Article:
The drug release kinetic of was determined by fitting the release data in kinetic models; Zero, First, Higuchi order models Korsmeyer-Pappas, Hixson Crowell and assessing the line of best fit. The mechanism of drug release from formulation was investigated by incorporating 60% release data of Fopt in equations of kinetic model to calculate exponent value of n from slope of straight line graph and interpreted release mechanism.
The stability study of optimized formulation was performed as per ICH guidelines Q1A (R2) [25-27]. The optimized formulation packed in an ambered colored tightly closed glass vial was stored at normal and accelerated storage conditions i.e. 5 ± 3°C and 25±2°C/60±5% RH respectively for two months and analyzed after specific time intervals 0, 15, 30 and 60 days for any change in physical and chemical characteristics.
As revealed by preliminary trials, polymer, stabilizer concentration and sonication time were found to be the critical parameters for PNPs and thus, were taken into consideration as independent variables (factors) and were coded as A, B, C respectively. Total 20 experimental runs/trials (formulations) were generated by design expert with all the possible combinations of factors, as shown in Table 1. Based on design, formulations were prepared using double emulsion method and analyzed in terms of encapsulation efficiency (EE), particle size (PS) and drug release (DR) as dependent variables and were coded as Y1, Y2& Y3 respectively (Table 2).
A three factor, three levels Box-Behnken statistical experimental design as the RSM requires 20 runs. The total 20 runs with triplicate center points were generated and the responses so observed are shown in (Table 2). All the responses obtained for 20 formulations prepared were simultaneously fitted to first order, second order and quadratic models using Design Expert. The best-fitted model was quadratic and the comparative values of R2, SD and %CV are given in along with the regression equation generated for each response. All statistically significant (p < 0.05) coefficients are included in the equations. A positive value represents an effect that favors the optimization, while a negative value indicates an inverse relationship between factors and the response.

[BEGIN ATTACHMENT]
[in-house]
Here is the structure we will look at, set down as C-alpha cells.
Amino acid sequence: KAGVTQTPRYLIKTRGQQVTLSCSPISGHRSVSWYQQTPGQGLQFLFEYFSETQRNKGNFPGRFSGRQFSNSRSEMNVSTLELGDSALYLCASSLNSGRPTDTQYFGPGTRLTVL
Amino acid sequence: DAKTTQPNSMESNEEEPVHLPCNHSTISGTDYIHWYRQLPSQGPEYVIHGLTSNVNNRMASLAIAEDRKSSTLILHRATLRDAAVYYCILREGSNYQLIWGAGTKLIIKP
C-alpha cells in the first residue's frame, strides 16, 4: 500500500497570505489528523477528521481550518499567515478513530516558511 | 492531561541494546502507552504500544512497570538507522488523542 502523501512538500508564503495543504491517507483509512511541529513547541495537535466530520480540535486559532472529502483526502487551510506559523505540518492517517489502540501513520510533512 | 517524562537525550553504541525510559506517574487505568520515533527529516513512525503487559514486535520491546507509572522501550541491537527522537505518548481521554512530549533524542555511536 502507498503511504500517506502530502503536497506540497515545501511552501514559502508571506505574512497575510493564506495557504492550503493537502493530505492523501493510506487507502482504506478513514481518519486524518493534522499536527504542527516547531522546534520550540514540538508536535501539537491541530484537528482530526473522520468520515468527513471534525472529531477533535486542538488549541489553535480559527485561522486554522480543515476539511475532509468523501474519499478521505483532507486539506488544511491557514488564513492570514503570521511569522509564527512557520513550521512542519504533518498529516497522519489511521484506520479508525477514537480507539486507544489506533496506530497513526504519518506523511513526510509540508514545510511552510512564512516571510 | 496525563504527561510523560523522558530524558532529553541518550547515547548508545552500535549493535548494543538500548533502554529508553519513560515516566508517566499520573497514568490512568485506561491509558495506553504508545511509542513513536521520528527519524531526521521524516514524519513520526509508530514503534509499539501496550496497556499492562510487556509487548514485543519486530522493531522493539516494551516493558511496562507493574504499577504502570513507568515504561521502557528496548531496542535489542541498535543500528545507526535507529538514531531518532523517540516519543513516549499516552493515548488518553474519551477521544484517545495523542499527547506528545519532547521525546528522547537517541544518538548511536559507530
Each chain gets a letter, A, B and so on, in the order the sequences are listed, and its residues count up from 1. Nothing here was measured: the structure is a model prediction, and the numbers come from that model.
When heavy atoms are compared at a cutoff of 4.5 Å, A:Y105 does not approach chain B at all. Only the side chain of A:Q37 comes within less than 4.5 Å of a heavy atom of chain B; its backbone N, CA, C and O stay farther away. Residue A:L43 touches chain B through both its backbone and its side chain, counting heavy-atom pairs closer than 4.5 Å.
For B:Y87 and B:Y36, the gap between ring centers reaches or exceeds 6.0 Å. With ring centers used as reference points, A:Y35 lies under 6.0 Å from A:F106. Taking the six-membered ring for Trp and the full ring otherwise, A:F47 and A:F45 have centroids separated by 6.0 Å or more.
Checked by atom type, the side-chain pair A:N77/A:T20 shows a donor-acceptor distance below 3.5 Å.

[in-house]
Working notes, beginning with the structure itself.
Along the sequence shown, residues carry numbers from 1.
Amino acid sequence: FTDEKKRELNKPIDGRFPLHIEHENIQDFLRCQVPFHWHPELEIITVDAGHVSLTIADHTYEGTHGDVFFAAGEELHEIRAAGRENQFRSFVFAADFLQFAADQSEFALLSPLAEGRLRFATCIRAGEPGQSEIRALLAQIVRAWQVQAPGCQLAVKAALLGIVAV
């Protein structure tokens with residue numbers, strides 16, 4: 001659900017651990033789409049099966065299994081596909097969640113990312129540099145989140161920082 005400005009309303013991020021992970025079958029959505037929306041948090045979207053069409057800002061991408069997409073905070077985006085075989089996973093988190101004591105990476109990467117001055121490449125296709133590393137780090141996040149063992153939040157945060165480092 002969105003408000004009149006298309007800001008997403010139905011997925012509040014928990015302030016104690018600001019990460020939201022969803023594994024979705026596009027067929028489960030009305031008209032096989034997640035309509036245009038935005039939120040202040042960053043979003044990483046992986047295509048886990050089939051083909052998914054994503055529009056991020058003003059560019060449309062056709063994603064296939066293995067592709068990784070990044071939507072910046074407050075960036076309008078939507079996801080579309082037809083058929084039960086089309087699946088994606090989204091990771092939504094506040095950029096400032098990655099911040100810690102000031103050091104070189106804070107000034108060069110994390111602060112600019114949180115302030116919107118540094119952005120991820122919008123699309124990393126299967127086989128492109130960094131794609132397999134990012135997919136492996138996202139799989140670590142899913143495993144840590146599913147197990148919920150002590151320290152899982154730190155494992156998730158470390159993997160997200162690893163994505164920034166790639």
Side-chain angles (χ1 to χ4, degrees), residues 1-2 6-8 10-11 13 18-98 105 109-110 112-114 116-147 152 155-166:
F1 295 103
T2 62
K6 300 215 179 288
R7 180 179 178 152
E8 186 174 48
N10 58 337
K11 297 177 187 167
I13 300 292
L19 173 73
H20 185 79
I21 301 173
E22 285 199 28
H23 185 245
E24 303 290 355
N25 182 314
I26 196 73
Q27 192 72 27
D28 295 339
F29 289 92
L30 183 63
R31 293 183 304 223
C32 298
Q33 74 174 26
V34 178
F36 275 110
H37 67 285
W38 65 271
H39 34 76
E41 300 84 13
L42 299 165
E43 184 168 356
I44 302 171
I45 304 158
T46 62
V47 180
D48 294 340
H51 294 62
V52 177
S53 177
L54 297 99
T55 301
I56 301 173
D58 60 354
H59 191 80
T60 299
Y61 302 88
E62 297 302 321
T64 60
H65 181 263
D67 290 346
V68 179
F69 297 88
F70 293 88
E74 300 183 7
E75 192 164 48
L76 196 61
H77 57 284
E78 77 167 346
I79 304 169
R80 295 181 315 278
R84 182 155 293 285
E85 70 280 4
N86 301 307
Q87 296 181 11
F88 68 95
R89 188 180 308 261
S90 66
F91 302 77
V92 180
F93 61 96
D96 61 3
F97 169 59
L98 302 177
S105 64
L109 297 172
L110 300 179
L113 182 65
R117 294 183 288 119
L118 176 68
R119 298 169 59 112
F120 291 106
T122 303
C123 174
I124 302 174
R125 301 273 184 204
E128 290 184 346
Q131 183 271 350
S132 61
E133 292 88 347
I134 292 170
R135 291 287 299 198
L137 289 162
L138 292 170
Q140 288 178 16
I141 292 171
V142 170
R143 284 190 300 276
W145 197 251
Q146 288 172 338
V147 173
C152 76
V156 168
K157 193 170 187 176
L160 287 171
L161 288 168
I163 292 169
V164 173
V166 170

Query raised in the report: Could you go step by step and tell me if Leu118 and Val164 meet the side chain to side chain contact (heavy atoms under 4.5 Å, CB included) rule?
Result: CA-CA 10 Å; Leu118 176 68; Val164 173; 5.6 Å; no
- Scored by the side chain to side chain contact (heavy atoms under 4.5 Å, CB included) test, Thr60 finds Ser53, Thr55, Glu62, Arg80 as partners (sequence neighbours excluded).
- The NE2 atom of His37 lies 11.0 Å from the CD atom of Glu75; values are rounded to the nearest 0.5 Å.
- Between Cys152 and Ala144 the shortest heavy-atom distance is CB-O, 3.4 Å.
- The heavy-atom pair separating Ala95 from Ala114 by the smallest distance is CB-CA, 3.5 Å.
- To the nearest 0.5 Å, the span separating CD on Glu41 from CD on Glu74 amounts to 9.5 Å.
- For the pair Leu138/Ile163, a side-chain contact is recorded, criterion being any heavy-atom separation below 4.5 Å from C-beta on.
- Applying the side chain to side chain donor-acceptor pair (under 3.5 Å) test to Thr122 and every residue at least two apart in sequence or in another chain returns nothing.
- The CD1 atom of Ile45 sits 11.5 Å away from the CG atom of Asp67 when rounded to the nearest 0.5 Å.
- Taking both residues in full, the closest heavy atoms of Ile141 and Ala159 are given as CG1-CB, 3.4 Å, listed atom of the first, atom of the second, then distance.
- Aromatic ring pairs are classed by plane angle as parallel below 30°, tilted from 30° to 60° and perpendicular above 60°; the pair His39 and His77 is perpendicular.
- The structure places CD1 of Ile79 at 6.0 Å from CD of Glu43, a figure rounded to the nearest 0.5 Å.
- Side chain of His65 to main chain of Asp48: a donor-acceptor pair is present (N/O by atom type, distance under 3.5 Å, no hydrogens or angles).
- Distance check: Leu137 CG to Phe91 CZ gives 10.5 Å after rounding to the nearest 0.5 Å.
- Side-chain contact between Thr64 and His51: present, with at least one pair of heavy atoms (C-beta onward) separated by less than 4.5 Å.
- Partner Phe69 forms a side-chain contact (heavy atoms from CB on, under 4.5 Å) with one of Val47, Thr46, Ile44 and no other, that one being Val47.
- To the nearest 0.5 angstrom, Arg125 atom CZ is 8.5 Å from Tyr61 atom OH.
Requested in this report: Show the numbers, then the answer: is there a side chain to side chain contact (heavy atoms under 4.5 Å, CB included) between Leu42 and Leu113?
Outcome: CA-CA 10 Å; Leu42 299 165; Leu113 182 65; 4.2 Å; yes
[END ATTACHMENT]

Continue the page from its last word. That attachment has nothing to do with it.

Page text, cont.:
Response 1 (Y1): Entrapment efficiency
The model purports the following polynomial equation for entrapment efficiency of PNPs Y1=43.66+0.64A+2.65B+2.67-4.20AB-4.40AC-4.40BC+10.62A2-3.83B2-1.93C2 Where Y1 is the entrapment efficiency of PNPs, A is the polymer conc., B is the stabilizer conc. and C is the sonication time. The model F-value of 56.18 implies that the model is significant (p < 0.0001). The lack of fit F-value of 1.56 implies that the lack of fit is not significant. In this case X1X2, X1X3& X2X3 are significant model terms and X12 had a more pronounced effect on entrapment efficiency of PNPs than any other parameters. The predicted Rsquared of 0.8844 is in reasonable agreement with the adjusted R-squared of 0.9632. Adequate precision is within desirable limit. A ratio of 31.576 indicates an adequate signal. Therefore this model can be used to navigate the design space. The contour plots (Figure 2) which showed the effect of different independent variables on entrapment efficiency of PNPs (Y1). The EE of PNPs for all batches was found to be in the range of 35.10-62.10%.
The following polynomial equation was projected by the model for particle size of the PNPs.
Y2=380.90+36.34A+11.85B-72.62C-6.76AB-18.79AC+2.99BC+83.75A2-16.00B2-39.25C2 Where Y2 is the particle size of the PNPs.; the negative coefficients for the sonication time show that the particlesize decreased with increase in sonication time. In totality, the model is significant (F-value = 71.85; p < 0.0001). The lack of fit is 0.49 not significant relative to pure error. The predicted R-square of 0.9572 is in reasonable agreement with the adjusted R-square of 0.9711; i.e. the difference is less than 0.2. Adequate Precision measures of 32.272 indicate it’s an adequate signal. It was observed that response Y2 i.e. PS was significantly affected by altering the polymeric conc. (A; Figure 3 showed the effect of different independent variables on PS).
stabilizer was increased, the size of PNPs first decrease then increased due to increased viscosity of the medium as already discussed. So the size decreased due to the enhanced interfacial stabilization while it increases due to the increased aqueous phase viscosity. Therefore optimum amount of conc. plays an important role, which was found to be level 1 (1.2%). Reverse effect was observed for sonication time, particle size decreased with increase in sonication time (C) i.e. level 1 (5 min)
The model proposed constant, the regression coefficients and the statistical parameters for each